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I see, $\mathbb{RP}^2 = S^2/2 = (\mathbb{C} + \{\infty\})/2 = (\mathbb{R} \times S^1 + \{0\} + \{\infty\})/2 = (\mathbb{R} \times S^1)/2 + \{0,\infty\}/2 = \mu + \{[0]\}$. So besides $\mathbb{C} + \{\infty\} = S^2$, we also need to know that $\mathbb{R}^1 \times S^1 + \{0\} = \mathbb{C}$. (The $/2$ is modding out by a free action of the group of order $2$, so there's nothing fishy going on there.)
So treating the Möbius strip as being open along its edge, its Alexandrov compactification is the projective plane. A neat fact.
@Toby might the example then go at Alexandrov compactification? Nice to see something familiar (a manifold, even!) that isn’t a sphere.
Nice, Toby. I believe what is true more generally is that for any field $k$, removal of a point from the projective plane $\mathbb{P}^2(k)$ gives the tautological line bundle over $\mathbb{P}^1(k)$, and in the real case this bundle is identifiable with the open Moebius strip as a bundle over $\mathbb{P}^1(\mathbb{R}) \cong S^1$ (e.g., consult this WP note).
In slightly greater detail: using homogeneous coordinates $[x: y : z]$ to represent points in $\mathbb{P}^2$, we can identify a copy of $\mathbb{P}^1$ with those points that are represented by $[x: y: 0]$ (“line at infinity”). The tautological line bundle is identified with the projection $\mathbb{P}^2 \setminus \{[0: 0: z]: z \neq 0\} \to \mathbb{P}^1$ sending $[x: y: z] \mapsto [x: y: 0]$; geometrically, this takes a point $[x: y: z]$ in the projective plane (not equal to the origin $[0: 0: z]$) and maps it to the point where the line through that point and the origin meets the line at infinity. If you remove the zero section (where $z = 0$), then this restricts to the familiar projection $\mathbb{A}^2 \setminus \{(0, 0)\} \to \mathbb{P}^1$ where each fiber is $k^\times$.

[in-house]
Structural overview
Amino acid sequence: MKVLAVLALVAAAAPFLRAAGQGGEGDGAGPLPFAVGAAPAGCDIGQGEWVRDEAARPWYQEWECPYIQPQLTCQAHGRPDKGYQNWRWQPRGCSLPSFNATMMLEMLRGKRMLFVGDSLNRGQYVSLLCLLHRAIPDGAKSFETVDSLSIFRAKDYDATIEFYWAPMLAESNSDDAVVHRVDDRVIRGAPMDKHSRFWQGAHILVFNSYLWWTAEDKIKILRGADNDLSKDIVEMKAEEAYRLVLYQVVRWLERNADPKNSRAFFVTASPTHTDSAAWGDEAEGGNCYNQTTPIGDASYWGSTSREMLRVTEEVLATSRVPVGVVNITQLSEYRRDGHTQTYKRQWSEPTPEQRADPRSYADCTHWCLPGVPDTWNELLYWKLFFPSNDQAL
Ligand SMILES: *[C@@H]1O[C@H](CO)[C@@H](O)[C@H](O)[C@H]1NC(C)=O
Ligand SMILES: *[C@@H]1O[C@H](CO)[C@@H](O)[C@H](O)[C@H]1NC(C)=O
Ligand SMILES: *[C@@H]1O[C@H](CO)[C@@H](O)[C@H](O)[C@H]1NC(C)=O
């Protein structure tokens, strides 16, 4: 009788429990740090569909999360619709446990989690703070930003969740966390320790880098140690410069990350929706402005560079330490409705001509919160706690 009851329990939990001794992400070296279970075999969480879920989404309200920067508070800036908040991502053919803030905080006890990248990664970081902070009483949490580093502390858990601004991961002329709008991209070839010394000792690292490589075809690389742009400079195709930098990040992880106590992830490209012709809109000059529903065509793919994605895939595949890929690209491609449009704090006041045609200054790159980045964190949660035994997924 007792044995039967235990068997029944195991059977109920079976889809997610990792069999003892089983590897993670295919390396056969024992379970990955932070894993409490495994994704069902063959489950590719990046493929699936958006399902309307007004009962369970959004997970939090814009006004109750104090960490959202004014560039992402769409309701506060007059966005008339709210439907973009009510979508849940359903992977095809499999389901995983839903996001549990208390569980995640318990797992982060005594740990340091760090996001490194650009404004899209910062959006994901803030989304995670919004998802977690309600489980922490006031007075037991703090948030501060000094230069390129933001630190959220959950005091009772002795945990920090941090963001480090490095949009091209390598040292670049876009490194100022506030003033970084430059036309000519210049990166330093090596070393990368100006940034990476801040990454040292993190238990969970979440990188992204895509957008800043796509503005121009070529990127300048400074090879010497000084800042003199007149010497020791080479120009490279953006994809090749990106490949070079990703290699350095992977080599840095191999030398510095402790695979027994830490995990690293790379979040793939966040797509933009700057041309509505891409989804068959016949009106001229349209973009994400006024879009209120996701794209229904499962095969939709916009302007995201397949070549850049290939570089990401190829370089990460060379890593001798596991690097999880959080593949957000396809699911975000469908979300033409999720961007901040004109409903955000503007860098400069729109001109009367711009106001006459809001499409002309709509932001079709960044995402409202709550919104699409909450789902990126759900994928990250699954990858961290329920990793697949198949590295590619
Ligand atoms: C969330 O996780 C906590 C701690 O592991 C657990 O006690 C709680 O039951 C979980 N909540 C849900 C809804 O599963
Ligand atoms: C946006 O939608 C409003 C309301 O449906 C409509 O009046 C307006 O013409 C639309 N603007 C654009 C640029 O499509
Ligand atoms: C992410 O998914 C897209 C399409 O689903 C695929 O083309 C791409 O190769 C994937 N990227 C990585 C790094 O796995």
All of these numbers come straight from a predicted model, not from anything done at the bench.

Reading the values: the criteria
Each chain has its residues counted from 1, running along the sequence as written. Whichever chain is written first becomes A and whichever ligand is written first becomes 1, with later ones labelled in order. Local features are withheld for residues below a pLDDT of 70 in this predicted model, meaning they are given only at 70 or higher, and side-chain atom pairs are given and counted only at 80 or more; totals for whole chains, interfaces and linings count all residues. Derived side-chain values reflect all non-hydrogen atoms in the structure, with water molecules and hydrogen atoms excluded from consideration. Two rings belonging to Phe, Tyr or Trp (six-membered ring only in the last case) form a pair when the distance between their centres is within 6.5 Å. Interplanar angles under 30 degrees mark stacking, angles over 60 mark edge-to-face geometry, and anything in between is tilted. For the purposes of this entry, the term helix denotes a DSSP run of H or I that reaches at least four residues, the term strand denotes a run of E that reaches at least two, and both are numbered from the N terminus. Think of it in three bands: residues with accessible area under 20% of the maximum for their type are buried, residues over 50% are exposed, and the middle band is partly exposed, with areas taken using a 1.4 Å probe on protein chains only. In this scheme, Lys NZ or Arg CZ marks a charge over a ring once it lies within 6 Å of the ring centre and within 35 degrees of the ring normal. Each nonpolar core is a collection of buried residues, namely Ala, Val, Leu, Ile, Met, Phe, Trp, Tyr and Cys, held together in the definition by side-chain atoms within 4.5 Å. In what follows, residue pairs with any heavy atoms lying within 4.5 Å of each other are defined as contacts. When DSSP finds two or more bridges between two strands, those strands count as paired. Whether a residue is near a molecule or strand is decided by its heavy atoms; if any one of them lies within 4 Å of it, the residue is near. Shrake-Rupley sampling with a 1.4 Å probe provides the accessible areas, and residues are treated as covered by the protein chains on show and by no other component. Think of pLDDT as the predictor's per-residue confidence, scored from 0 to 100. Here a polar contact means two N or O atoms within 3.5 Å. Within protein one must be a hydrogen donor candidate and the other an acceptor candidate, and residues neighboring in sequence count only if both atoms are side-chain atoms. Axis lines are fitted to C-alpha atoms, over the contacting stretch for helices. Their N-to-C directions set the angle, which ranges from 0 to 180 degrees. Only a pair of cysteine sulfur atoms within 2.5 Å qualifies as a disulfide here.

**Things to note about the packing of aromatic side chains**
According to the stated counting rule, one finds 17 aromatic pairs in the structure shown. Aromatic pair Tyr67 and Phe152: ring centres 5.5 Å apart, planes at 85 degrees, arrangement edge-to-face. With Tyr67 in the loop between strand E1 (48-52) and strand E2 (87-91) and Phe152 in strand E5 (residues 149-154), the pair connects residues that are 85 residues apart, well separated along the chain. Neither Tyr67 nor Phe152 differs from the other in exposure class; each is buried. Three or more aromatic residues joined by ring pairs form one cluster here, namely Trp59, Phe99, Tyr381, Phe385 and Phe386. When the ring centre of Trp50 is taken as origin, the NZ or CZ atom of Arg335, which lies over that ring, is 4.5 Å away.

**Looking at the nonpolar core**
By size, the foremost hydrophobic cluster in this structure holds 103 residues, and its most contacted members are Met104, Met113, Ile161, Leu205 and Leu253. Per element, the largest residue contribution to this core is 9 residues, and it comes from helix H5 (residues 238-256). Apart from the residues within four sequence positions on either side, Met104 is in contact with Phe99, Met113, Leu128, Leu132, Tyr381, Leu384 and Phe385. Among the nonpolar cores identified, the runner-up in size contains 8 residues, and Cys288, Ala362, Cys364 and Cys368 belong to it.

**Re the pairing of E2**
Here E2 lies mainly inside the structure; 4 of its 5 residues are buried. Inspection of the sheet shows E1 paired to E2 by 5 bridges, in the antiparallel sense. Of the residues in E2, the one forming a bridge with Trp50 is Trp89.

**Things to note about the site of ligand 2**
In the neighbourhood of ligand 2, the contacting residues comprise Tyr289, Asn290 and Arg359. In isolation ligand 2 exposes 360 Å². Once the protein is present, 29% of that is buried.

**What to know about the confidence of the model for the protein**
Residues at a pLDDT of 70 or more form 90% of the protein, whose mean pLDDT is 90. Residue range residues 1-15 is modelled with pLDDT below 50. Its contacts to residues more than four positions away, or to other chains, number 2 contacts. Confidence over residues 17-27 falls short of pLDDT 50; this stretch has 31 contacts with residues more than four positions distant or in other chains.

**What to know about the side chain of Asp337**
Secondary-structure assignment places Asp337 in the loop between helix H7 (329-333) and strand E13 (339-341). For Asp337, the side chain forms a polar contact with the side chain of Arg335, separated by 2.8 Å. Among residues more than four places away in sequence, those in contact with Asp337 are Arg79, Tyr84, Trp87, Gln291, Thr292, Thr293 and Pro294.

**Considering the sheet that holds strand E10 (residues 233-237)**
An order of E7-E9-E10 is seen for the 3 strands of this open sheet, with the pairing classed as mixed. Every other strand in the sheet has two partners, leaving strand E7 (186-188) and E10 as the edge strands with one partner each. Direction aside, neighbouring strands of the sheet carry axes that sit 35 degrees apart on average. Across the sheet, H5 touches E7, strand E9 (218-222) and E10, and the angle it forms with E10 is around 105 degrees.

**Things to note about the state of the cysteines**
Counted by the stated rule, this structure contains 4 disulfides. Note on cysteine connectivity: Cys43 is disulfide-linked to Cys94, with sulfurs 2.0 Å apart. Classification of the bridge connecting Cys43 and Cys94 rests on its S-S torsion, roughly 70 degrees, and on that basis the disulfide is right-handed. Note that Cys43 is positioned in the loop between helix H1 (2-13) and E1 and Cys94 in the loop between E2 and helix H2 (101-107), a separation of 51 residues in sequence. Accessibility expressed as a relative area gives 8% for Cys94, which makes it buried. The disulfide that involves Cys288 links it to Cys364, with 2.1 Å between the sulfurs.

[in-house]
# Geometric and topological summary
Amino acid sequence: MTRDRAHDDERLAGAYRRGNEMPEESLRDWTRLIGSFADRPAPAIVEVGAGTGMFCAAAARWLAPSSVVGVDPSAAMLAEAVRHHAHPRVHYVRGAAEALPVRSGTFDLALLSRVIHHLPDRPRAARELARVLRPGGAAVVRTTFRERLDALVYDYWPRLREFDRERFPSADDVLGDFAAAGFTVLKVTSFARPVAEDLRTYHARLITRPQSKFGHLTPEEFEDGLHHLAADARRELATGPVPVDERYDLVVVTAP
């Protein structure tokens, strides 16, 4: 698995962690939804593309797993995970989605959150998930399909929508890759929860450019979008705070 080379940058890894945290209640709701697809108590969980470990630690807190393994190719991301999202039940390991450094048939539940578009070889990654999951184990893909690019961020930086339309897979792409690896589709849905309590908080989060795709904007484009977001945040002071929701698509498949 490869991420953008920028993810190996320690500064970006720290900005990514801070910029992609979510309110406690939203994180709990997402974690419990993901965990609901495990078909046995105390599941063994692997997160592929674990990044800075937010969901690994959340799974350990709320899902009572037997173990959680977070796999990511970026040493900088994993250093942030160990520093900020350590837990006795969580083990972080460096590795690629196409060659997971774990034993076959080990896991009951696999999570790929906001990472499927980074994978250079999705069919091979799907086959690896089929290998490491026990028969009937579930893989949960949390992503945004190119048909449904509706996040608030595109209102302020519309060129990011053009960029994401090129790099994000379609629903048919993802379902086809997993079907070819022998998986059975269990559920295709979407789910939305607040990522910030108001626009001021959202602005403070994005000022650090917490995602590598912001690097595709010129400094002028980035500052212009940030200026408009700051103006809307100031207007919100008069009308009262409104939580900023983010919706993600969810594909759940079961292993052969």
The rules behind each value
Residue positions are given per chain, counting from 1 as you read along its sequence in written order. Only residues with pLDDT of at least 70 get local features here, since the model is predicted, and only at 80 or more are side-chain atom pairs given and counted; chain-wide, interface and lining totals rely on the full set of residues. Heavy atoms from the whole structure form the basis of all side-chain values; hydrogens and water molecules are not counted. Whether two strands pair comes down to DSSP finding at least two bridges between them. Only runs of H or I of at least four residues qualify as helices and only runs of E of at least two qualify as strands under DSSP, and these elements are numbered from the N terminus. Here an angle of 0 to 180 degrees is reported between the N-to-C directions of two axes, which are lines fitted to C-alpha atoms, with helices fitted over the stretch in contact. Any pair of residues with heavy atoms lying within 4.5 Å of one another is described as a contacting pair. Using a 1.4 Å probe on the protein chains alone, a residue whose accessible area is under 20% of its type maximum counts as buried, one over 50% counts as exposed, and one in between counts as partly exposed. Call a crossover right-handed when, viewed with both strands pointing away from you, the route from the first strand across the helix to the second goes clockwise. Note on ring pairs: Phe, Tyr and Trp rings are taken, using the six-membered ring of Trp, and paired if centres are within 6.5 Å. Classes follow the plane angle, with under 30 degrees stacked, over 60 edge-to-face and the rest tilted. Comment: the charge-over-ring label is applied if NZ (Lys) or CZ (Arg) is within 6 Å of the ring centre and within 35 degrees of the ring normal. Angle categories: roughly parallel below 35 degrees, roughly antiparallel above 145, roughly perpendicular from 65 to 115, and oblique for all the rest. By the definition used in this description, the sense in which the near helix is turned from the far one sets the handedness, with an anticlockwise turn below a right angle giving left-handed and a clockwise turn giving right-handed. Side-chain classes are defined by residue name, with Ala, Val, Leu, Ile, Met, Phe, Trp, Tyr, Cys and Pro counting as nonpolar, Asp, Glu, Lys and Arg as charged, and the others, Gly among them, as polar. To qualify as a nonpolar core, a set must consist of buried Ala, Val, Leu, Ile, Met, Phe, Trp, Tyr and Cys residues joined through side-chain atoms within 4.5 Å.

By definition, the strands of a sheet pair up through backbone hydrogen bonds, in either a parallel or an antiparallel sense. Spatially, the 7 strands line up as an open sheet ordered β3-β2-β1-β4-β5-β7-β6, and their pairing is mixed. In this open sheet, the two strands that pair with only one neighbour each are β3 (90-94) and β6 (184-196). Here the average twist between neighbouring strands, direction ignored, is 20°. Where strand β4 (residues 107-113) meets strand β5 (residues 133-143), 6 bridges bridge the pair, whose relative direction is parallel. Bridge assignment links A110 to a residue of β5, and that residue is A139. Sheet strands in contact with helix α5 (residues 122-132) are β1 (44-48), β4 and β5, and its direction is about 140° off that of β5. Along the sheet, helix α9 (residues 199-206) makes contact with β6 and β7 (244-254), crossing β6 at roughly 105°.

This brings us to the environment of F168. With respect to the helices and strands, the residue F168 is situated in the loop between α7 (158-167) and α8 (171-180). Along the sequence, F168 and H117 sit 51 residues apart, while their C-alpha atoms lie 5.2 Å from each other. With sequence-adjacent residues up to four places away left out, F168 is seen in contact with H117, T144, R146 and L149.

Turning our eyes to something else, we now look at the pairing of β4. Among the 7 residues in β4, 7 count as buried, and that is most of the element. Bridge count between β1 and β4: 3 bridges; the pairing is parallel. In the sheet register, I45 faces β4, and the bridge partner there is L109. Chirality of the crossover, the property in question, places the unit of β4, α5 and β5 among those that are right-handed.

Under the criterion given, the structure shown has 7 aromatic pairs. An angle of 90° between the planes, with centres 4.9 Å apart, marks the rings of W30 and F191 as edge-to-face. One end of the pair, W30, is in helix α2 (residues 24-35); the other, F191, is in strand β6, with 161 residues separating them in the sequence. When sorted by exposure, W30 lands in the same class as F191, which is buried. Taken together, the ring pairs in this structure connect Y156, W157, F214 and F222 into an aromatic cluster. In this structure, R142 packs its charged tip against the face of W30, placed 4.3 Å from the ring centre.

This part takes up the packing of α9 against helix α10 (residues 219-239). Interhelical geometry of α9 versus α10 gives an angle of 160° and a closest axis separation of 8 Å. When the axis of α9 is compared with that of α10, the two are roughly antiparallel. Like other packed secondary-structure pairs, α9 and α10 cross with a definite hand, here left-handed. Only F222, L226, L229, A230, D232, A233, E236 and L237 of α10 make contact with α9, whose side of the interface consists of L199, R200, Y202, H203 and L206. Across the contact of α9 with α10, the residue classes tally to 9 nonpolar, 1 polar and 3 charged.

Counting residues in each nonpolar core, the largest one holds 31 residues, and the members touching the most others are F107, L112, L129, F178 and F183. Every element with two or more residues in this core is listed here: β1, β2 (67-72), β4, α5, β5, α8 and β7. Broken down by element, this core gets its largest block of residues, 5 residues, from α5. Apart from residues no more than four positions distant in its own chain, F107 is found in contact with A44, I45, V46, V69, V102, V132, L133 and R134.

If my memory is correct, you can see a nice picture of this somewhere in Hartshorne, where he draws a picture of the blowing up of the origin in the projective plane, as the locus of $\{((x, y), [z: w]) \in \mathbb{A}^2 \times \mathbb{P}^1: x z = y w\}$. If you remove the part where $(x, y) = (0, 0)$, then his picture looks just like an open Moebius strip.
Edit: Found it here, page 29 if you can see it. For this picture, you have to mentally paste together the endpiece where the horizontal coordinate $x = +\infty$ with the endpiece where $x = -\infty$, as those points are identified in $\mathbb{P}^1(\mathbb{R})$.
Nice, Todd! Here is a more direct link to the picture in Hartshorne: https://books.google.com/books?id=7z4mBQAAQBAJ&pg=PA29.
Actually, under one-point compactification, we do sort of have this example already; look under Thom space (projective space $\mathbb{RP}^{n+1}$ is the Thom space of the tautological line bundle over $\mathbb{RP}^n$).
Edit: I went ahead and stuck that in at one-point compactification.
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